7 March 2017
HMRC are facing increased pressure to provide detailed information on the additional costs businesses will incur when Making Tax Digital comes into play.
As part of the Government’s digital tax proposals, starting from April 2018, all businesses with a turnover of more than £10,000 will be required to update their tax information on a quarterly basis.
In October 2016 the Federation of Small Businesses (FSB) gave evidence to the Treasury that stated the change to quarterly digital reporting is likely to result in additional costs of £2,770 per business per year. However, the Treasury estimated that this cost is likely to be no more than £280.
In a recent publication, the Treasury states that Making Tax Digital will impact approximately 3.3 million self-employed individuals (including 900,000 landlords), 1.6 million companies, over 400,000 ordinary partnerships and round 600,000 businesses with income from different sources, for example, self-employment and property.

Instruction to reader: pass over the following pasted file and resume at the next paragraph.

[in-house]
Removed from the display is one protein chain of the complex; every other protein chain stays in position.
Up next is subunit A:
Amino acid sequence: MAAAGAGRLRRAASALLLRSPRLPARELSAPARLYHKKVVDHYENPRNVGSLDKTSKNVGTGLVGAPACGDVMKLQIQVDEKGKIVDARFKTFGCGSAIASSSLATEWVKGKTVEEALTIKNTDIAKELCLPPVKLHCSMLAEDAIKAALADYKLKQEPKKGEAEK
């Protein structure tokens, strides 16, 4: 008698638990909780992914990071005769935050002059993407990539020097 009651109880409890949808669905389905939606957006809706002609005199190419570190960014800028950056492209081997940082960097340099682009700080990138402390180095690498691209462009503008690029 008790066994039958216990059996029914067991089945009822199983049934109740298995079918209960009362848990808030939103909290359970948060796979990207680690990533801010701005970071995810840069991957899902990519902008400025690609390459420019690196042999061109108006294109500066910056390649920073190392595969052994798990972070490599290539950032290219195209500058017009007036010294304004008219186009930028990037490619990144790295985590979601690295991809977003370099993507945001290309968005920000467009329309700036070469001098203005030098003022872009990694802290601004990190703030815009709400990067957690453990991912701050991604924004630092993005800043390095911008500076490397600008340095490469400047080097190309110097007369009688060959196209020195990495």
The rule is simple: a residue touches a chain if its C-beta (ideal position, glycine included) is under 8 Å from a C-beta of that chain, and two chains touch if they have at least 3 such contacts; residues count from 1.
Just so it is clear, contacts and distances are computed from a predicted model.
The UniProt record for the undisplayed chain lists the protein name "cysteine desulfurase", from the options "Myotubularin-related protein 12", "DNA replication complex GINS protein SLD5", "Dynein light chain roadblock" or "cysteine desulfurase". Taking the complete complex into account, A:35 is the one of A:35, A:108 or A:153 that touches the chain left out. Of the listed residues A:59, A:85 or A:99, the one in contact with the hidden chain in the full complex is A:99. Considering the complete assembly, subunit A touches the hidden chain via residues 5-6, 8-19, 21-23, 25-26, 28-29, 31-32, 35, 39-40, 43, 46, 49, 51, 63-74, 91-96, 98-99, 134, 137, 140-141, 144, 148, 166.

Whilst it does acknowledge that businesses will incur additional costs in transitioning to the new arrangements, including training requirements and software updates, the Treasury are suggesting that savings will start to be made from 2020/21 onwards. It contends that once businesses have transitioned to digital record keeping, and are providing quarterly updates to HMRC, there will be an overall reduction in the reporting cost burden when compared to the current once-a-year reporting requirements.
HMRC expects the introduction of Making Tax Digital to raise an additional £945 million in tax revenues by 2020/21, with this rising to £2 billion by 2021/22. This will be achieved by closing the ‘tax gap’ caused by reporting errors in the current system which it says the new system will eradicate.